Shell’s strong balance sheet is overshadowed by the fact that its gross margin has declined and leverage has increased as compared to big oil players such as Exxon and Chevron.

Shell’s leverage growth of 32% is almost four times higher than BP’s leverage growth, indicating that its interest burden has increased at a faster pace than rivals.

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Oil Prices Decline More Than 5 Percent as Stockpiles Increase

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By CLIFFORD KRAUSSA version of this article appears in print on January 7, 2016, on page B2 of the New York edition

HOUSTON — Oil prices plunged again on Wednesday by more than 5 percent as investors paid more attention to signs that global stockpiles are growing than to increasing instability in the Middle East and North Africa.

The decline in the global Brent oil benchmark price to below $35 a barrel, the lowest level since the depths of the 2008-9 economic downturn and a decline of nearly two-thirds since summer 2014, helped push stock markets lower.

The Standard & Poor’s 500-stock index, the main benchmark for the United States stock market, declined 1.3 percent Wednesday and breached the psychologically important 2,000 level to close at 1,990.26.

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US Gulf oil spill nearly ruined BP, says chief Bob Dudley

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Screen Shot 2015-12-07 at 20.08.32Saturday 2 Jan 2016

The giant oil spill from a BP rig off the US coast in 2010 nearly ruined the company, its chief executive has said.

Bob Dudley described the fire on the Deepwater Horizon and its aftermath as “a near death experience” for the firm.

It was one of the worst environmental disasters in the US and saw BP pay fines and compensation and sell off more than £30bn ($45bn) in assets.

Mr Dudley told ex-BP boss Lord Browne – a guest editor on BBC Radio 4’s Today programme – it was a “tragic accident”.

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Royal Dutch Shell Looks To Curtail Capital Spending On Current Down Cycle In Global Oil Prices

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Screen Shot 2015-11-20 at 08.55.47Trefis Team Contributor: DEC 30, 2015 

Oil & Gas companies across the globe are choosing to curtail capital expenditures even though it might mean the loss of growth in future production. Royal Dutch Shell Plc. is also adopting this strategy and recently announced that it is revising its capital spending estimates for 2016. This announcement is the latest in a spate of cost cutting decisions the company has taken in the wake of the extended period of low crude oil prices. We believe that this is the right way forward for Royal Dutch Shell in the near term, and these measures will be beneficial in maintaining the company’s cash profit margins till oil prices begin to recover in the long run.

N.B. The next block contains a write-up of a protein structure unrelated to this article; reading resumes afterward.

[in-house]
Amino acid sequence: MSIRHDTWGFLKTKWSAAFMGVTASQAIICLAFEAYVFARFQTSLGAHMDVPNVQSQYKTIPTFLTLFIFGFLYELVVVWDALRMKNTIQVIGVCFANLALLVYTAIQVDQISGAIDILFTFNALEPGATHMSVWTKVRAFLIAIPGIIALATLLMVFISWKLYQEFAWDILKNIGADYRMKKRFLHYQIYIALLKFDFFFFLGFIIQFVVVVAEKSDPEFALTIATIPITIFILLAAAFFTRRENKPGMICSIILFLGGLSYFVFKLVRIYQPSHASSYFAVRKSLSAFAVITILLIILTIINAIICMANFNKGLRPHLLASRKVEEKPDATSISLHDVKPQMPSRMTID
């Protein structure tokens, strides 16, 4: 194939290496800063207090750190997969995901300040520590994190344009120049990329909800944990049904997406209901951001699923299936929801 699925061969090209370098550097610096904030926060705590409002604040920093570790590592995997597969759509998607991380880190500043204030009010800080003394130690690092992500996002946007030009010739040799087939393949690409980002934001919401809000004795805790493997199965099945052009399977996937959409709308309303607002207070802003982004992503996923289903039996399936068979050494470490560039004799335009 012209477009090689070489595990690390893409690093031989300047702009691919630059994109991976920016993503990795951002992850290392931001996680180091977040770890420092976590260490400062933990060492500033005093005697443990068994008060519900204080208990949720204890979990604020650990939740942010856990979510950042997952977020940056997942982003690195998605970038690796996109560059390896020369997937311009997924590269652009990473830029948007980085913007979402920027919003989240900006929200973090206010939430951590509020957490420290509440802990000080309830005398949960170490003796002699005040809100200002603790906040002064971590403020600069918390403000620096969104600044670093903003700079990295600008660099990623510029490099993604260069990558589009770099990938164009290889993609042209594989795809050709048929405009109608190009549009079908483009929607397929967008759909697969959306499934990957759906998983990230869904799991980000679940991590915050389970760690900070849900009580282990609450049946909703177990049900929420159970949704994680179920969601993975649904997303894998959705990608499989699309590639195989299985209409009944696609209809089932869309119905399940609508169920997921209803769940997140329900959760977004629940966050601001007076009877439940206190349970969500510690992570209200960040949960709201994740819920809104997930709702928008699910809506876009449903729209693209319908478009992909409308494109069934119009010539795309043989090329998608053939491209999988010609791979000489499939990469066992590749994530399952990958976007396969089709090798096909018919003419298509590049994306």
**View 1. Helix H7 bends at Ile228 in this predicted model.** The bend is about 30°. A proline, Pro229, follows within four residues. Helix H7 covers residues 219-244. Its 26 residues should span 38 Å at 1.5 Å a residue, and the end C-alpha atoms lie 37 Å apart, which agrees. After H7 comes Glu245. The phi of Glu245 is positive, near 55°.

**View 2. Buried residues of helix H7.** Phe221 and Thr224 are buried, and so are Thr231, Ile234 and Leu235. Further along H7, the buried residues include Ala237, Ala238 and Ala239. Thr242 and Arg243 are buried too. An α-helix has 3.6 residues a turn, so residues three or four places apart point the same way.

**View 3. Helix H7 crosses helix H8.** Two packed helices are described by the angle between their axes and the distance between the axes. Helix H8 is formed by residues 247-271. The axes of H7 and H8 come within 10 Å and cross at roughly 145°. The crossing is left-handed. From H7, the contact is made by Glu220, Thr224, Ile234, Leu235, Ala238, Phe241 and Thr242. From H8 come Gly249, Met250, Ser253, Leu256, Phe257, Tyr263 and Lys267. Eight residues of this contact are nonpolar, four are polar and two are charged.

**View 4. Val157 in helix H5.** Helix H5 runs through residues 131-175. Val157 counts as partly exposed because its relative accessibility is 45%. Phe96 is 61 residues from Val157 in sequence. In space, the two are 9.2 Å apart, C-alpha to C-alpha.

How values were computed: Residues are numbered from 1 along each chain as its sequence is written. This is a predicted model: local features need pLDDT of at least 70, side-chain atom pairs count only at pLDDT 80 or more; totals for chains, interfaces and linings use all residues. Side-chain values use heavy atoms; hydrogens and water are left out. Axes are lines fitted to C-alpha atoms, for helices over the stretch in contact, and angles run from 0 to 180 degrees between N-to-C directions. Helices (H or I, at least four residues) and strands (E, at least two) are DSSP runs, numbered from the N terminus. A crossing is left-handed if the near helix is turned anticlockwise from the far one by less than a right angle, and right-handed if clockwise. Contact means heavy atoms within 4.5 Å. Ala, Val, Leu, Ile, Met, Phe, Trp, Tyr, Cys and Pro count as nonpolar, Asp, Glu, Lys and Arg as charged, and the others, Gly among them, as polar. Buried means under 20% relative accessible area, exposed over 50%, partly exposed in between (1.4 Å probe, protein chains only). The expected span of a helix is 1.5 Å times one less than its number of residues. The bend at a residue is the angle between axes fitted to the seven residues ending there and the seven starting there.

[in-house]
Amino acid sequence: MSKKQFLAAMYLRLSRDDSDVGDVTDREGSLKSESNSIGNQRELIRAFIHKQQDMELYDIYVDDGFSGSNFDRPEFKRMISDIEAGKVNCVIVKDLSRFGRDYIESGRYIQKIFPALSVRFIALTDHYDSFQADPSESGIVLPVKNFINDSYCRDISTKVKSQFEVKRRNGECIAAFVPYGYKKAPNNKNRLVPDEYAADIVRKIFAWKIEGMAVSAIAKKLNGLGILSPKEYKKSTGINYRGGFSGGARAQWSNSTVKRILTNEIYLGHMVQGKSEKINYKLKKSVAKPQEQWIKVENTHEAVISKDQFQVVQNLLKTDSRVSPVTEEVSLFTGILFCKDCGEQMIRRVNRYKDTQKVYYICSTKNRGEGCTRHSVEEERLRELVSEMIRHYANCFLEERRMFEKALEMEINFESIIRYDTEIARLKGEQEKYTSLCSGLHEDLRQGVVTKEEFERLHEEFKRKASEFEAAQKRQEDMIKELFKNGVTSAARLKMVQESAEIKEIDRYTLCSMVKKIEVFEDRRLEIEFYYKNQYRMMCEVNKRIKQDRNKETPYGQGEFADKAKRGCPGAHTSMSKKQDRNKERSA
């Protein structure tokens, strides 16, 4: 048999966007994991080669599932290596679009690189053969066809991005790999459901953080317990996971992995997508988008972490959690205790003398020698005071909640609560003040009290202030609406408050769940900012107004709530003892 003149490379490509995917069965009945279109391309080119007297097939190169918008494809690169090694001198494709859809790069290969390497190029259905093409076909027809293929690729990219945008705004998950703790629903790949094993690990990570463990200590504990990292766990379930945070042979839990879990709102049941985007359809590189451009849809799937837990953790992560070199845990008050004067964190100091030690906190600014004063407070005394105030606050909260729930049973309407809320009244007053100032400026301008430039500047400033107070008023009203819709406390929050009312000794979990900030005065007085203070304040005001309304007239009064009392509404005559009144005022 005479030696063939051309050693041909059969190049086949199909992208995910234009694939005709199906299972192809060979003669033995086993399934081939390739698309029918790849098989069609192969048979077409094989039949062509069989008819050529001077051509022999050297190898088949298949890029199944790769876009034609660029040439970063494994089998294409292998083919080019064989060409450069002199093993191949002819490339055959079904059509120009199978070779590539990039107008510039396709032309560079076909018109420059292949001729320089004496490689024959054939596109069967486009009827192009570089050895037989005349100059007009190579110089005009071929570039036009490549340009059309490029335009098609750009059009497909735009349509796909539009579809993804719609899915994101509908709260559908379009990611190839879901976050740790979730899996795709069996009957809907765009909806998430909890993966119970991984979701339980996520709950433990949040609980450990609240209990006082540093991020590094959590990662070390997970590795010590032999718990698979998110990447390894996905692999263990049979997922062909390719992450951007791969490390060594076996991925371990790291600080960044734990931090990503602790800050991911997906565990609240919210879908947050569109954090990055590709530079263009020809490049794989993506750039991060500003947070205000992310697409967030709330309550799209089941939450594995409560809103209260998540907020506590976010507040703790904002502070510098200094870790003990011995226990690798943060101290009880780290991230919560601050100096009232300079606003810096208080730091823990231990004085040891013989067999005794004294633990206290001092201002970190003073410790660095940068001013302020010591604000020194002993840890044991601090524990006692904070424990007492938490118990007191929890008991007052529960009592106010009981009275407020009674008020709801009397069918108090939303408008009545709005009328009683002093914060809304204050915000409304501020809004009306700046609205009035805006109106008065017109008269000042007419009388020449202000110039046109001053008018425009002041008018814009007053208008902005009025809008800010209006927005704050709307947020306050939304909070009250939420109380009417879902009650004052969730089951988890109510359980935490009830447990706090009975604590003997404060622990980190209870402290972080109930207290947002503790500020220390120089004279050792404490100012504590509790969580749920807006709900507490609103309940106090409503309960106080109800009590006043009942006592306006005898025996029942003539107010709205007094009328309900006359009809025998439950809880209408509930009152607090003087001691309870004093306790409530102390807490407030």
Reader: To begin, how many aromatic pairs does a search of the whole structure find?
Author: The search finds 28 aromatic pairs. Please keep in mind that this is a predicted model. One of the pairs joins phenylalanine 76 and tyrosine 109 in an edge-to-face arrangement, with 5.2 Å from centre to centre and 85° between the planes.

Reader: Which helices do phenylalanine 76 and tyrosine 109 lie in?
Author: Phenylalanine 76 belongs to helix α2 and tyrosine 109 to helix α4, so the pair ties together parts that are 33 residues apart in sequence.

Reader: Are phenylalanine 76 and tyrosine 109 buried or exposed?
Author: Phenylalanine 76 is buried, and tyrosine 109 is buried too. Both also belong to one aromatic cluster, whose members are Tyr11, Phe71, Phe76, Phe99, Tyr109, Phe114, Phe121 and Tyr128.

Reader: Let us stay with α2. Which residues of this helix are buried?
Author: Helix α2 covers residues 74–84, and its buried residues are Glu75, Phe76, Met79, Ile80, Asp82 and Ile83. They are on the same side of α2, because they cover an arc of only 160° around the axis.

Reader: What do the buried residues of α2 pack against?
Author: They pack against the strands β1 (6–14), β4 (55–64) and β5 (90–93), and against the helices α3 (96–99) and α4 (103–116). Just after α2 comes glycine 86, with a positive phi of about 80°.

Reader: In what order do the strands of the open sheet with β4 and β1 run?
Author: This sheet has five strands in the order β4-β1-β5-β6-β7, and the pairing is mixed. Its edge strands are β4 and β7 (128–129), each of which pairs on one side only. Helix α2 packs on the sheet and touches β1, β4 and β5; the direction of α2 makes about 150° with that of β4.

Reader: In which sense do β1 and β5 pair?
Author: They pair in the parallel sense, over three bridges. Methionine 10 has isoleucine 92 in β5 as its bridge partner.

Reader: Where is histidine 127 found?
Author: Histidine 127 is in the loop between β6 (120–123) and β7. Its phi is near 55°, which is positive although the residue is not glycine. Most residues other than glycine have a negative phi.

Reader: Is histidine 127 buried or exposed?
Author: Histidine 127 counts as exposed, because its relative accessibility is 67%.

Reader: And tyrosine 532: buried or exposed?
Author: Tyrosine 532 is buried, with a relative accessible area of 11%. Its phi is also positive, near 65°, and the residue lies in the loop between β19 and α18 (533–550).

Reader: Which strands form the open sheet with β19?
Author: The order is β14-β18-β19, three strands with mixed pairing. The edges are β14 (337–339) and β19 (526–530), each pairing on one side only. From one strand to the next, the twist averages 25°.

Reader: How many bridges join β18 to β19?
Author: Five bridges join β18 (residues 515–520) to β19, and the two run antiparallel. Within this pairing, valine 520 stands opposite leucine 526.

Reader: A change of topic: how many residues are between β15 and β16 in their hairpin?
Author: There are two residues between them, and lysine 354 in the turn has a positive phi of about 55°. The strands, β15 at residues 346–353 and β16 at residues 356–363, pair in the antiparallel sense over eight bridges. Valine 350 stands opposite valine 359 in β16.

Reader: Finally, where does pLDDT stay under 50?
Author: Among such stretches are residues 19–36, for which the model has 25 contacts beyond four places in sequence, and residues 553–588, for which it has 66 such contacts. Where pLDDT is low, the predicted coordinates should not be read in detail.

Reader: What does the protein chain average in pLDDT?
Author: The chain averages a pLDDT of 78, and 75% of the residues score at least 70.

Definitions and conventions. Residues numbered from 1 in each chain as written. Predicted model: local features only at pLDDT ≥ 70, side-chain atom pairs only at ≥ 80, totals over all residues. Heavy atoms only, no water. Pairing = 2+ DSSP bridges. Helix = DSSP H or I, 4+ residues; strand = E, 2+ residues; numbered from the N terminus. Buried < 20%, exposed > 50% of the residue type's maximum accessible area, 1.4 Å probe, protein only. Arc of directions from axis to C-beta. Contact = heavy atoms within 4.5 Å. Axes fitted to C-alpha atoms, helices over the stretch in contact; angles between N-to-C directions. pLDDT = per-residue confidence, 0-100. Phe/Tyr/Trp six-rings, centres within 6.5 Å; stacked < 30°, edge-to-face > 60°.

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Is BP plc Set To Outperform Royal Dutch Shell Plc In 2016?

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If you’re looking to invest in the oil sector next year, Royal Dutch Shell (LSE: RDSB) and BP (LSE: BP) should be on your hit list.

The two oil giants have many advantages over their smaller peers, such as strong balance sheets, integrated operations and some of the lowest production costs in the business. Indeed, it doesn’t make sense to buy into the smaller producers such as Tullow Oil, Premier or Enquest when shares in Shell and BP are both on offer. 

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Will Royal Dutch Shell Plc’s Dividend Be Slashed In 2016?

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By Alan Oscroft – Thursday, 24 December, 2015

When the oil price slumped, the saving grace for BP and Royal Dutch Shell (LSE: RDSB) was dividends – both had the ability to keep paying dividends from other sources should earnings fall for a few years.

Royal Dutch Shell shares have fallen by 42% since their recent peak in May 2014, but that’s been offset to some extent by a 5.7% dividend yield last year and there’s a massive 7.7% expected for 2015. It’s still not a great overall performance, but compared to the way some smaller non-dividend oil stocks have fared, it’s almost heavenly.

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The many reasons why Shell’s deal with BG will happen in 2016

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How idiotic would its board look if it ditched its current bride at the altar, only to see her hook up with a rival in a few months’ time?

Jim Armitage: Wednesday 23 Dec 2015

It will be the first big test of 2016: will Shell press on with its takeover of BG when the oil price is stubbornly below $40 a barrel? Today, it gave a clear “yes” by publishing its full merger documentation and posting the paperwork out to shareholders. If it was not planning to press on with the deal, it would have found some excuse why not to do so.

The documents rap out a series of reasons why the current bombed-out oil price is not relevant to the logic of integrating these two vast companies. The deal will bring so many efficiencies, Shell promises, that its hallowed dividend will be safer, bringing in more cashflow to pay into the divi pot at as low as $50 a barrel. Few people really think crude is likely to stay below that for decades to come. And, as far as the value of the combined assets goes, it can breakeven at the low $60s, Shell adds.